What’s really cool is that if you choose to use all of these Google services, you can manage almost everything important though Google. I rarely have to open external programs anymore. Google does it all.

    Tip of the Hat,

    CF

     

    Corbin Foucart. Andrew G. Gordon Insurance

    INSURANCE QUESTION?

    Tags: commercial, gmail, Google, chrome, calendar, plus, documents, docs, bussineses, consider, insurance, Business

    Business Fleets: How GPS Technology can Lower your Costs

    Posted by Gordon Atlantic Insurance

    Fri, Jan 20, 2017 @ 09:42 AM

    Keep track of your companys cars with commercial insurance from andrew gordon incWouldn’t it be great if you could watch your entire fleet of vehicles from 20,000 feet in the air? You could verify that workers are where they say they are, make sure they aren’t speeding, stop extensive idling, help a dispatcher identify location during urgent calls, or even find the most efficient route for a company vehicle to travel during a job.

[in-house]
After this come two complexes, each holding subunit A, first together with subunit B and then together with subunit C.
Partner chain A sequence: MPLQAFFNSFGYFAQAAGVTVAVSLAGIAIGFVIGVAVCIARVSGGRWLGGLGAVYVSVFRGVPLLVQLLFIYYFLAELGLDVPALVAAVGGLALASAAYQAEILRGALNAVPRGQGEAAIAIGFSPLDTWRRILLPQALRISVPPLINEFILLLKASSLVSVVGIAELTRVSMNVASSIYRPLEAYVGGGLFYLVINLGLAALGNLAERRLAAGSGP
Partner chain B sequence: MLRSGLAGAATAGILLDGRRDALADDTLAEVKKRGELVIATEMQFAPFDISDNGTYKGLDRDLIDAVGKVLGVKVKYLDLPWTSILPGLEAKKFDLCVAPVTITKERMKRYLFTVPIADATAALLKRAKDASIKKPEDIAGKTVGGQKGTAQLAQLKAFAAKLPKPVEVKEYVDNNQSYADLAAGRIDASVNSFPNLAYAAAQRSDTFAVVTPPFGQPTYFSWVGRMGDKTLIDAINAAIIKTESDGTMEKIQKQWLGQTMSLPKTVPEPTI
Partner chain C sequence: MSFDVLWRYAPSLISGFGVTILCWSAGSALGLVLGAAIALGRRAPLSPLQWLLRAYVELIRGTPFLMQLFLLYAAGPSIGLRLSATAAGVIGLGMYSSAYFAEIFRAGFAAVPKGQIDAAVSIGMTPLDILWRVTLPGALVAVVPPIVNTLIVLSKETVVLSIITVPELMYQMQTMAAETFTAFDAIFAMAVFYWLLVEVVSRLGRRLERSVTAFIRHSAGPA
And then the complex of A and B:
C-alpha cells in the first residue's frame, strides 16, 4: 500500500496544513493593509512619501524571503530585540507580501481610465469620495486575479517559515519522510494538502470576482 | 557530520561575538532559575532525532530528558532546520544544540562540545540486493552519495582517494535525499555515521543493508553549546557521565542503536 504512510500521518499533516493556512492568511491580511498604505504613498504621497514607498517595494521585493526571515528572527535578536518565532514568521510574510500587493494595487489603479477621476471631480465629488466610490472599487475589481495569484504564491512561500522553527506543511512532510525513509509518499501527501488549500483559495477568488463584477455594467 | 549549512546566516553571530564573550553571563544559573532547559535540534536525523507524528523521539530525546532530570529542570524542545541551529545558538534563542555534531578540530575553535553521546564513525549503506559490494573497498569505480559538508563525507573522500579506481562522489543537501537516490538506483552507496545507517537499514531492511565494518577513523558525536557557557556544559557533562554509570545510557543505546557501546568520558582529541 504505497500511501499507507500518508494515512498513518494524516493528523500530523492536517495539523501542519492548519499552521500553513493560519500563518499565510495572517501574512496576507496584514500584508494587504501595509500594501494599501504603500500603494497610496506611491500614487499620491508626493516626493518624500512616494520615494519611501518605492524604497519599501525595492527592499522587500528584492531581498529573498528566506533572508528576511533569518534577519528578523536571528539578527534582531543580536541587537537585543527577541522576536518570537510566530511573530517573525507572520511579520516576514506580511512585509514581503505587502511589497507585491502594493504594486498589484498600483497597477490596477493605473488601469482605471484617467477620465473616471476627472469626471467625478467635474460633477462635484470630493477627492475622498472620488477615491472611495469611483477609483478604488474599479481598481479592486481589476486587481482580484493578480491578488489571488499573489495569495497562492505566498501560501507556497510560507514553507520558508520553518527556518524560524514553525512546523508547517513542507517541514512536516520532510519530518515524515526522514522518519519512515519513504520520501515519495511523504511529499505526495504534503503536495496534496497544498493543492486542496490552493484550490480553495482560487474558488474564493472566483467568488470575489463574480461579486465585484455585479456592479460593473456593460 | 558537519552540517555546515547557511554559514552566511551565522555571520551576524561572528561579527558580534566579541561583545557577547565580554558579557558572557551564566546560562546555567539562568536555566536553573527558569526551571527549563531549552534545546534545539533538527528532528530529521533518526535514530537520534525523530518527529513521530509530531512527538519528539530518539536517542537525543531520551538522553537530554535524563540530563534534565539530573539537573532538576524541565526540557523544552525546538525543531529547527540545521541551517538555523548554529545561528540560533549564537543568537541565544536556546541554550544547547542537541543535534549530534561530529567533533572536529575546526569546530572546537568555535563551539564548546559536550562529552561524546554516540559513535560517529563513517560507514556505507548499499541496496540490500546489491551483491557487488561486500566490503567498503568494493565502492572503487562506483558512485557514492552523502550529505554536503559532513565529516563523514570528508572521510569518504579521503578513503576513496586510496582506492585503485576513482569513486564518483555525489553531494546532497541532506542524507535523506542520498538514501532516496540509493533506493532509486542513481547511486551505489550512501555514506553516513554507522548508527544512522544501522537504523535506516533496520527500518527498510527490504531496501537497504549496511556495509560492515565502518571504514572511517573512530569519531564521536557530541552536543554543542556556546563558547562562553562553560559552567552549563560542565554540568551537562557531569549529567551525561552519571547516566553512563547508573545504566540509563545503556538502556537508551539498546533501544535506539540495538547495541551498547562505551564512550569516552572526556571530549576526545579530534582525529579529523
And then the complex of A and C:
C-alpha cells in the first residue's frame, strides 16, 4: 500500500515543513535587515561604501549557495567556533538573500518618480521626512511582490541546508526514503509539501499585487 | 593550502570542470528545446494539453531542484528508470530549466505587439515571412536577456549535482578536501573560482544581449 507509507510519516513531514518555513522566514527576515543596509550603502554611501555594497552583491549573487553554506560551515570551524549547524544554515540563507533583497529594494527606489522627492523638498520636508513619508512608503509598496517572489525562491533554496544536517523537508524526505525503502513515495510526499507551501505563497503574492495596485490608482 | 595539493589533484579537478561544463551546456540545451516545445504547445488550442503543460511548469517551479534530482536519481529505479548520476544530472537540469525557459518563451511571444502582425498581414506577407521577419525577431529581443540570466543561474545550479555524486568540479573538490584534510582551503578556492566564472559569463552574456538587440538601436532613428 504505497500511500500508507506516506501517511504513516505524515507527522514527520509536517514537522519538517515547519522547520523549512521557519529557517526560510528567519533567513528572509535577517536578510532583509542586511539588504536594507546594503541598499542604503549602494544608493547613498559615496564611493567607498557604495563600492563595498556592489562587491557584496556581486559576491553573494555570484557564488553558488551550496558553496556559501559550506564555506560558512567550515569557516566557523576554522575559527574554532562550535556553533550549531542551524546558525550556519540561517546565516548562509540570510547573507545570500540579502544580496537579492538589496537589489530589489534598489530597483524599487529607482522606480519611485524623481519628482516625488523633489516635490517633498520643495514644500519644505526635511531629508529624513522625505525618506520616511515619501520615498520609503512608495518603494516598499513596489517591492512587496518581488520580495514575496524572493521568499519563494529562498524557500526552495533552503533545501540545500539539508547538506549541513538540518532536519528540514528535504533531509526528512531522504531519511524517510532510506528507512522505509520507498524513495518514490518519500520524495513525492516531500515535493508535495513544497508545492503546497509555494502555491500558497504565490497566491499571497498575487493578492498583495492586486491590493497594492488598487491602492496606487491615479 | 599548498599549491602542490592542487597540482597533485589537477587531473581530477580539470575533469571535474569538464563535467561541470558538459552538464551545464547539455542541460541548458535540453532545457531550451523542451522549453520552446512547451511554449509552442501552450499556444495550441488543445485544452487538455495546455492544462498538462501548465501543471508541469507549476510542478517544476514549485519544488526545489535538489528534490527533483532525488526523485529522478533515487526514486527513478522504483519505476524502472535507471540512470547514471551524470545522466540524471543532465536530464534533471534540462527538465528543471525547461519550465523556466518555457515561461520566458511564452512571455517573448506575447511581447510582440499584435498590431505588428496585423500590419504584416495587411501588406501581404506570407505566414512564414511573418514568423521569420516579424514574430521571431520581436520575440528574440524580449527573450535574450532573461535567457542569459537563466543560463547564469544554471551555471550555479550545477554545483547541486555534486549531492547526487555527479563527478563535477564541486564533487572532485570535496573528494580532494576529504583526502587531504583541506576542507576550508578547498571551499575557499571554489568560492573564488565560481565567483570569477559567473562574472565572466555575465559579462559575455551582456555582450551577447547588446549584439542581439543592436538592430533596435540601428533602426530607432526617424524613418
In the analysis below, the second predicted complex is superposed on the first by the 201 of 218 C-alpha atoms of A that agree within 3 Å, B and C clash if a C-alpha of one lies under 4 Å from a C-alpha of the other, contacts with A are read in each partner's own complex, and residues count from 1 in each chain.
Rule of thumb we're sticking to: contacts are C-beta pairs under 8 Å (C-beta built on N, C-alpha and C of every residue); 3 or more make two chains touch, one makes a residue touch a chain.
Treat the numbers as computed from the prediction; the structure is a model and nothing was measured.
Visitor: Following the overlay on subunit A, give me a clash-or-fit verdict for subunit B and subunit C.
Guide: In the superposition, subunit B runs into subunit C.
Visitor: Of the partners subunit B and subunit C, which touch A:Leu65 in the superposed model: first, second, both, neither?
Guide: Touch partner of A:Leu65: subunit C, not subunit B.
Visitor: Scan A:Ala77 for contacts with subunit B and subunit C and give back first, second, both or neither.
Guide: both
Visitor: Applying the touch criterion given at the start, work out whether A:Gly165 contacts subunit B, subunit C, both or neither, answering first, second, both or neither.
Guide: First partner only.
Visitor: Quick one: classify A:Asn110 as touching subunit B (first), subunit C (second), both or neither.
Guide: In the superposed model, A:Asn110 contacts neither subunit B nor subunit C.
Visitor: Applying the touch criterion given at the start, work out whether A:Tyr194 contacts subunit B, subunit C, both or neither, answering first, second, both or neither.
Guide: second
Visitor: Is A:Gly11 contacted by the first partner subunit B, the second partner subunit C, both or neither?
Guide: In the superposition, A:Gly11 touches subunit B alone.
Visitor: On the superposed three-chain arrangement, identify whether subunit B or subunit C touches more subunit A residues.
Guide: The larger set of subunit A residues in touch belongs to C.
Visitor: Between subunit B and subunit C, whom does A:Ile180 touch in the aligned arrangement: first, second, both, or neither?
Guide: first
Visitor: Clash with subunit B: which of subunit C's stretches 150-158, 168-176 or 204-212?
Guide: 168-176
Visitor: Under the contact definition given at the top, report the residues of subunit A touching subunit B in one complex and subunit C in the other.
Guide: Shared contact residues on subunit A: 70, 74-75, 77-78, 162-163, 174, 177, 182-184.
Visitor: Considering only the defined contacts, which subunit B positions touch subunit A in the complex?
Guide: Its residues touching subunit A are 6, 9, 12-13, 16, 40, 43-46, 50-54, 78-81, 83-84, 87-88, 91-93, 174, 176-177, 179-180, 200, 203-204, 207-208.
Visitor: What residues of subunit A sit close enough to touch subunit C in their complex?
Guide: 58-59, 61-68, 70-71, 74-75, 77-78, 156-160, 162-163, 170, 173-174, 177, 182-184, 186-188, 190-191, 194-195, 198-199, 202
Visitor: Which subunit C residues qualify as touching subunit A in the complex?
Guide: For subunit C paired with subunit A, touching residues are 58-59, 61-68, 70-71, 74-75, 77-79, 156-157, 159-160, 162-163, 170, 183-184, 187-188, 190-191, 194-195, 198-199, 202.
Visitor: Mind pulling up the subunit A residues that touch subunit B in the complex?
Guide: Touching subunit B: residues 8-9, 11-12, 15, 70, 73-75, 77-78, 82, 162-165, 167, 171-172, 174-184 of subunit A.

Well, technology that used to be affordable only for big corporations is now not only available but economical for fleets as small as five vehicles, right here in the Boston area.

    We recently saw a demonstration from Boston Global Tracking, a new local business dedicated to helping other businesses keep track of their vehicles. We don’t have any kind of interest in this company other than liking what they do, so our endorsement is based entirely on what we’ve seen, and how we think it can help you control your fleet.